Benjamin Britten 1913-1976

“I hear those voices that will not be drowned.”

The Scallop by Maggi Hambling
The Scallop Shell at Aldeburgh

It is surely pertinent that this quotation, pierced in the steel of Maggi Hambling’s scallop-shell sculpture, is taken from the libretto of the opera Peter Grimes. The sculpture of 2003, which sits on Aldeburgh beach in Suffolk and is dedicated to Benjamin Britten, has caused much local controversy. The opera, a tragic work written in 1944, was just as controversial, but was responsible for parachuting Benjamin Britten to international recognition and acceptance.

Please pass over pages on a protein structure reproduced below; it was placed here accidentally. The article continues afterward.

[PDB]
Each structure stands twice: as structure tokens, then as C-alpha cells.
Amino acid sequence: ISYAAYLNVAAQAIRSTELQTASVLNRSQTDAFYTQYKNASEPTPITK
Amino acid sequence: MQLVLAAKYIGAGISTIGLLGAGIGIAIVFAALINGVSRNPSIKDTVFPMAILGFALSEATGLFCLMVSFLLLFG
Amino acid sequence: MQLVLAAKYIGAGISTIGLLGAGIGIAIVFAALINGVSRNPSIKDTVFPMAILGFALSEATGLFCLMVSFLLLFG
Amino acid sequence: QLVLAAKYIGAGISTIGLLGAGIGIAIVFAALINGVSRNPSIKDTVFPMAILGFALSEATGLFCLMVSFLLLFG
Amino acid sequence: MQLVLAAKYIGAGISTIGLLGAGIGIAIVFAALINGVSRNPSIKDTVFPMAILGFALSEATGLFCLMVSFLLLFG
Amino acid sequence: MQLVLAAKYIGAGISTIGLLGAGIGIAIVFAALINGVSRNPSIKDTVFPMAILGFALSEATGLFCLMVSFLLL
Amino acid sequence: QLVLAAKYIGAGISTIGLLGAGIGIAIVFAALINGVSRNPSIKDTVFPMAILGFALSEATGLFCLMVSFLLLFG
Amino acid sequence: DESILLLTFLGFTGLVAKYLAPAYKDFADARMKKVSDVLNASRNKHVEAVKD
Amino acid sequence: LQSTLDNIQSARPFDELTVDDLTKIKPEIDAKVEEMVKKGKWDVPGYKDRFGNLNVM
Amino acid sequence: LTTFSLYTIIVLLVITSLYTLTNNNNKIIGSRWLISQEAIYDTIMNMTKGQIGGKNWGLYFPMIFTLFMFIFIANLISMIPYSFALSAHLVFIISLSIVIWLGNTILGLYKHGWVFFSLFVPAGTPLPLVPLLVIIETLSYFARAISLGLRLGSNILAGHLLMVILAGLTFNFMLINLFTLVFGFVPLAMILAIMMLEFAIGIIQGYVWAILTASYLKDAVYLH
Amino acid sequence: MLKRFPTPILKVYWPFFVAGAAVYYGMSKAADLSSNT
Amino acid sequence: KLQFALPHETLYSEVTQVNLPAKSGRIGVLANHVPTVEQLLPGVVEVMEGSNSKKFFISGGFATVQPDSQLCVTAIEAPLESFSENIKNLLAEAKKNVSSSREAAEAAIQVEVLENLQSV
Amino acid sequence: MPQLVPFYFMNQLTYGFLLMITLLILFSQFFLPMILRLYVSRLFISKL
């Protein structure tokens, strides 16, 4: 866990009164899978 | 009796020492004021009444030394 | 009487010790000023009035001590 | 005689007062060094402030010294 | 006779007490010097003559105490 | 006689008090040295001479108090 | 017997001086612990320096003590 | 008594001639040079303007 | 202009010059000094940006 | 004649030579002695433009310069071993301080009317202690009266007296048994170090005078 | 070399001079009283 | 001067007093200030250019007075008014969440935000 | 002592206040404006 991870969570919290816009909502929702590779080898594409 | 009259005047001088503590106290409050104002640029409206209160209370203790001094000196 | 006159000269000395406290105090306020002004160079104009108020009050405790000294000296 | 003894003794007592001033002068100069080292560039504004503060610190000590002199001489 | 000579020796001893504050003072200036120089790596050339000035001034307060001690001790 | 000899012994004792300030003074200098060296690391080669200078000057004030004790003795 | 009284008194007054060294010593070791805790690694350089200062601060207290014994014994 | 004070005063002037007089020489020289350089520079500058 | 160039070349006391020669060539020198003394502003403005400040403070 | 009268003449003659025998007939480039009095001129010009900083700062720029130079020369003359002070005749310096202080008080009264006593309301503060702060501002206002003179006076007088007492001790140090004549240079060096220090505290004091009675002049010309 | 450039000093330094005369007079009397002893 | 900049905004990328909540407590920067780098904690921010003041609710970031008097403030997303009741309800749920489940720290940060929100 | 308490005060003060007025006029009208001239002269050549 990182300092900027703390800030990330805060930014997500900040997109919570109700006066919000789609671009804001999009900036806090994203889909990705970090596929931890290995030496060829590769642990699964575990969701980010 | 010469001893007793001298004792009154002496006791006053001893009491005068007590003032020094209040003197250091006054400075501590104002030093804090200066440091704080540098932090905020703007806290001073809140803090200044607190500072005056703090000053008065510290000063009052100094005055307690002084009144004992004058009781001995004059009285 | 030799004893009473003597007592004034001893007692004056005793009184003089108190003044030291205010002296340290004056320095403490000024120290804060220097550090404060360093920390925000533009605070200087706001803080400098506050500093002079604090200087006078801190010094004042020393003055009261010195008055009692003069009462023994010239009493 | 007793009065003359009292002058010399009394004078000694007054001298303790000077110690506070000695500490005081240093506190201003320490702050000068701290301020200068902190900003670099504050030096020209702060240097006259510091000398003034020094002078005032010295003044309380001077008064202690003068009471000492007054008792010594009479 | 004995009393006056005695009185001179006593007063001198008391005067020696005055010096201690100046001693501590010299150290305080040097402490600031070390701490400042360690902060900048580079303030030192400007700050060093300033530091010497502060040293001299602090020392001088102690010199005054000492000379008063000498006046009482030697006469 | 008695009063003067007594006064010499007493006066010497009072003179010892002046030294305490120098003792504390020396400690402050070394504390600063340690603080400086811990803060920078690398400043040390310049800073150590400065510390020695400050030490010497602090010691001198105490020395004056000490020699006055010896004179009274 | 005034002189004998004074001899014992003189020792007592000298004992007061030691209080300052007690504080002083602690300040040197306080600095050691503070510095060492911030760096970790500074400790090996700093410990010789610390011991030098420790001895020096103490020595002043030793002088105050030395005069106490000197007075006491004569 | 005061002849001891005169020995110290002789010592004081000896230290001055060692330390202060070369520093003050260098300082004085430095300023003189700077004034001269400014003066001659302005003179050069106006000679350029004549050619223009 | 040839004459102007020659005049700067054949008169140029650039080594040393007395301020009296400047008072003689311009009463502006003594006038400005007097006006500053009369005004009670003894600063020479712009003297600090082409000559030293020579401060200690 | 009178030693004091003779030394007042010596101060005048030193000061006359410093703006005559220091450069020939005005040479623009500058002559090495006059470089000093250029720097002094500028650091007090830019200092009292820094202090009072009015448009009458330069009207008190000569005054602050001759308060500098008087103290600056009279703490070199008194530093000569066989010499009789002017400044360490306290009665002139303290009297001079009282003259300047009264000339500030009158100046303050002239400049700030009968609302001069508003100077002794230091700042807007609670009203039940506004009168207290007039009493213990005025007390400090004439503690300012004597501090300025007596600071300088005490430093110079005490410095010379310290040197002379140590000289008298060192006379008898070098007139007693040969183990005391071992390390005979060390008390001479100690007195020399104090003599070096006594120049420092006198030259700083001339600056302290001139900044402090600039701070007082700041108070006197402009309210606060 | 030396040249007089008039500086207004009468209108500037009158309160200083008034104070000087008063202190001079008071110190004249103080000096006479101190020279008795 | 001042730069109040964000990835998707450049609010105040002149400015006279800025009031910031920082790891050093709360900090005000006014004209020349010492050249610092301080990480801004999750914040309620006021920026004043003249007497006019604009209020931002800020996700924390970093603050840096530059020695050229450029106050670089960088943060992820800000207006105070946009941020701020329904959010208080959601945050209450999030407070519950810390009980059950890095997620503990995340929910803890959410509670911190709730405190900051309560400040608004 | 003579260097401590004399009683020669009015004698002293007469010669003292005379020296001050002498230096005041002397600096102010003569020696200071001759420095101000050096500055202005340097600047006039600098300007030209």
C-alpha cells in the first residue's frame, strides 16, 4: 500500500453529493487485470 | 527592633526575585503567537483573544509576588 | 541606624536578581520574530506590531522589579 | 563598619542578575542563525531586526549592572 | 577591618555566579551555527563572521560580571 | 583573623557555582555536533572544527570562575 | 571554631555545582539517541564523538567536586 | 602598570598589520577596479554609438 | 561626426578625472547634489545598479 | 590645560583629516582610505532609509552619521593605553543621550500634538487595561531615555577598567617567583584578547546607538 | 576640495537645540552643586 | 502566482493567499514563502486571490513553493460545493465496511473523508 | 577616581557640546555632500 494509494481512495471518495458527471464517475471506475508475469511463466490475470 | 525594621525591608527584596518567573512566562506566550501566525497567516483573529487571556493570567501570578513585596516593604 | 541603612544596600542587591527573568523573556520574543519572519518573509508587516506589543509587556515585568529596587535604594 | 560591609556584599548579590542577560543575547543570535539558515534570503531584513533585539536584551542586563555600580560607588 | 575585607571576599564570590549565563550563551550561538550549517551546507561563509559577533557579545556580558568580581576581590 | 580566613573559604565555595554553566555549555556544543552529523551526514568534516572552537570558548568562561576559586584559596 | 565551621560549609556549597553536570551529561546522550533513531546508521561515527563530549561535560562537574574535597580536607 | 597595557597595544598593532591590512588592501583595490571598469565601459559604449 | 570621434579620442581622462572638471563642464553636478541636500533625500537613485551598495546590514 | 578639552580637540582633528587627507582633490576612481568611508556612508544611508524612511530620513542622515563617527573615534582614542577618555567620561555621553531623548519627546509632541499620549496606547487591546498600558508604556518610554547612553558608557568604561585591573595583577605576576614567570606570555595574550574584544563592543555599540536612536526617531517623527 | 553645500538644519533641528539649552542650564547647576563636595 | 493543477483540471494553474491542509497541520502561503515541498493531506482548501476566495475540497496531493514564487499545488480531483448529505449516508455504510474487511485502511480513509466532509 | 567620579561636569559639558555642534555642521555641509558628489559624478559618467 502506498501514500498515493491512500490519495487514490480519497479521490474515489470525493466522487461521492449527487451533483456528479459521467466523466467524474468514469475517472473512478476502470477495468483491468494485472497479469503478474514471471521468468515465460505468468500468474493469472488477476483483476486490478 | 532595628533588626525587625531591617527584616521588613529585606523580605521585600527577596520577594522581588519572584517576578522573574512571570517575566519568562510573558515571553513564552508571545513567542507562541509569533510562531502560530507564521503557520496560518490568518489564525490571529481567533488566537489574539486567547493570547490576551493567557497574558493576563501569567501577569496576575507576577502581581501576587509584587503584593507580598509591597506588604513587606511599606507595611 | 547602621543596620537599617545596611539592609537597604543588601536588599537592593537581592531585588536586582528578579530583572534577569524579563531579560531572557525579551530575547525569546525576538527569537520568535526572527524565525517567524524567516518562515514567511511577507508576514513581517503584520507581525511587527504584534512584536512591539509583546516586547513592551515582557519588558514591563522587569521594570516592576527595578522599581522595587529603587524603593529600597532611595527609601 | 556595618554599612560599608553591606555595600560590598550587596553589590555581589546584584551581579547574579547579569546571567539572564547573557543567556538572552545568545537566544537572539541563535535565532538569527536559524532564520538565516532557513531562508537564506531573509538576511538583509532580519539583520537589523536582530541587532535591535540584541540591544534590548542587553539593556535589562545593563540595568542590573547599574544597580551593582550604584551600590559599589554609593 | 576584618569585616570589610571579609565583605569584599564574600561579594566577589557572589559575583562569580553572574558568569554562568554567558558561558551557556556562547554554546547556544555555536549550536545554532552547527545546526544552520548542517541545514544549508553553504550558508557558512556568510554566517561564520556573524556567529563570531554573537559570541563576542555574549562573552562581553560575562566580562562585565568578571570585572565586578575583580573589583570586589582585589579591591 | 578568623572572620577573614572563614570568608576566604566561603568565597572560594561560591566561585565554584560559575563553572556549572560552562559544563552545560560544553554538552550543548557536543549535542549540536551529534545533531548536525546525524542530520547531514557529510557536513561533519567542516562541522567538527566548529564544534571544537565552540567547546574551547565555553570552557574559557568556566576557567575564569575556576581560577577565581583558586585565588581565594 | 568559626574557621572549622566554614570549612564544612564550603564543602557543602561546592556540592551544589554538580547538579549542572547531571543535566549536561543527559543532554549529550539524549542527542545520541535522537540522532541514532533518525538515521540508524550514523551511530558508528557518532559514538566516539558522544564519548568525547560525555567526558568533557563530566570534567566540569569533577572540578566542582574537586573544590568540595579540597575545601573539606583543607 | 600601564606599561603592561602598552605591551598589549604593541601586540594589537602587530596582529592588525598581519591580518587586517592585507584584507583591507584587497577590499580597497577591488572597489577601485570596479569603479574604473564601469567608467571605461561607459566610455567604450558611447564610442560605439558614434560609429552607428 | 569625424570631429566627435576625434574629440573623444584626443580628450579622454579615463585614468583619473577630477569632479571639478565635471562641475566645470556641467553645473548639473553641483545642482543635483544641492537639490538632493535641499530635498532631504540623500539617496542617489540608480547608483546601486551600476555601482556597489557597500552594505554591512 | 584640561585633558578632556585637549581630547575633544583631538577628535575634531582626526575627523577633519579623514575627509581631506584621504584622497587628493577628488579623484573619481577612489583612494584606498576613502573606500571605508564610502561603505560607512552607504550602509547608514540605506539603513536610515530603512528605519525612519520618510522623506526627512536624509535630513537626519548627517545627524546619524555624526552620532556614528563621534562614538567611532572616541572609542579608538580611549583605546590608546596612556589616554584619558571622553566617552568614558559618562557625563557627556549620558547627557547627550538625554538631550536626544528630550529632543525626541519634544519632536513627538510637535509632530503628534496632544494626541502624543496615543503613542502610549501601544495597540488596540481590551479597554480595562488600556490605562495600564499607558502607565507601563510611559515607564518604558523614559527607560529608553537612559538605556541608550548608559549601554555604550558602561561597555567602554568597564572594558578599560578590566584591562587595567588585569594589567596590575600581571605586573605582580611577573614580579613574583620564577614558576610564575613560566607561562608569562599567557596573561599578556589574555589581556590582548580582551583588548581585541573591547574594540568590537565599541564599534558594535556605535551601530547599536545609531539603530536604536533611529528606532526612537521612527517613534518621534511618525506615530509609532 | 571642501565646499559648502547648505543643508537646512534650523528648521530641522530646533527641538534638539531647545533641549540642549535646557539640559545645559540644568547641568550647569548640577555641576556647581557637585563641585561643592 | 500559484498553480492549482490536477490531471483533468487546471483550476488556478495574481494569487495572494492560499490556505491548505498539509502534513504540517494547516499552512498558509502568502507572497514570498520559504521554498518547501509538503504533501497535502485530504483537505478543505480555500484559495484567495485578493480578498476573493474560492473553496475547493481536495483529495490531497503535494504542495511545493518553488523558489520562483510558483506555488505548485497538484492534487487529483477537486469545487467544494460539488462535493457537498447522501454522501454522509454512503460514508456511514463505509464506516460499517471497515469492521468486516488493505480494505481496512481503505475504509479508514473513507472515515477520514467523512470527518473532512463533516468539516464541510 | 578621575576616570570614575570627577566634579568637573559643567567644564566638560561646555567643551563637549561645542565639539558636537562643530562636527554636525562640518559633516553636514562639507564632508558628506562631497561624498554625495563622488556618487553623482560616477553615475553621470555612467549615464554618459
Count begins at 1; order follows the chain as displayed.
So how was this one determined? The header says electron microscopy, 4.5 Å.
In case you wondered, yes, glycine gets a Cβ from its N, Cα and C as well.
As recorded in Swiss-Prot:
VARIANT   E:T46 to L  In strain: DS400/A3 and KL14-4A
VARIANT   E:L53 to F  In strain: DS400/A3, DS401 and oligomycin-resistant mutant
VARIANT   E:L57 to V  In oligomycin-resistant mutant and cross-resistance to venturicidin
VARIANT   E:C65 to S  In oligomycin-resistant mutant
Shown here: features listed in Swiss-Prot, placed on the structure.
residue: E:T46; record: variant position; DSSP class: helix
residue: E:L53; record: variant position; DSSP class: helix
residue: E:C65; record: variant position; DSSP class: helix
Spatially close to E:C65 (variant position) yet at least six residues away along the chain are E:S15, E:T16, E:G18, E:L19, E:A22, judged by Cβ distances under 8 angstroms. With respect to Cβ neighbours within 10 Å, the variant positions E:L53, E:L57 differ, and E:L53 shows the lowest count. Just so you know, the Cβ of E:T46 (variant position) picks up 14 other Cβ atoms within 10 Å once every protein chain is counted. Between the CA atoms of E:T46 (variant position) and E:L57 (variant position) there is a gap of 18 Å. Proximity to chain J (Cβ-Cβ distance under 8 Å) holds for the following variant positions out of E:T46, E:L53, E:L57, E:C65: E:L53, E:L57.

Born in the coastal Suffolk town of Lowestoft on St Cecilia’s Day (November 22nd) 1913, and later described by Sir Thomas Beecham as “the only composer of any worth to emanate from any of our music colleges”, Britten led a controversial yet highly productive life. The son of a dentist and an amateur piano teacher (his earliest music lessons came from his mother), and the youngest of four children, Britten developed an appetite for composition at prep school, and by the age of fourteen he was a pupil of Frank Bridge. After senior school at Gresham’s, he entered the Royal College of Music, where he was taught by Ireland, Arthur Benjamin and Vaughan Williams. Early in his career Britten made a conscious effort to set himself apart from the English musical mainstream, which he regarded as insular and complacent. Contemporary critics distrusted his musical cosmopolitanism and his admiration for composers such as Mahler, Berg, Stravinsky and Shostakovich, who, in the early 1930s, were not considered to be suitable role models for a young English composer. Criticism of his early work inevitably became entangled with criticism of his character and integrity, in particular his pacifism, his left-wing politics, his sexuality and his well-documented attraction to young boys. (One cannot ignore the prominent position which is occupied by music for the unbroken, adolescent male voice in a significant portion of his output where such inclusion seems a little contrived.) For many, however, his technique as a composer, and in particular his ability to treat existing forms and structures with freshness and originality, place him high up the list of twentieth-century composers.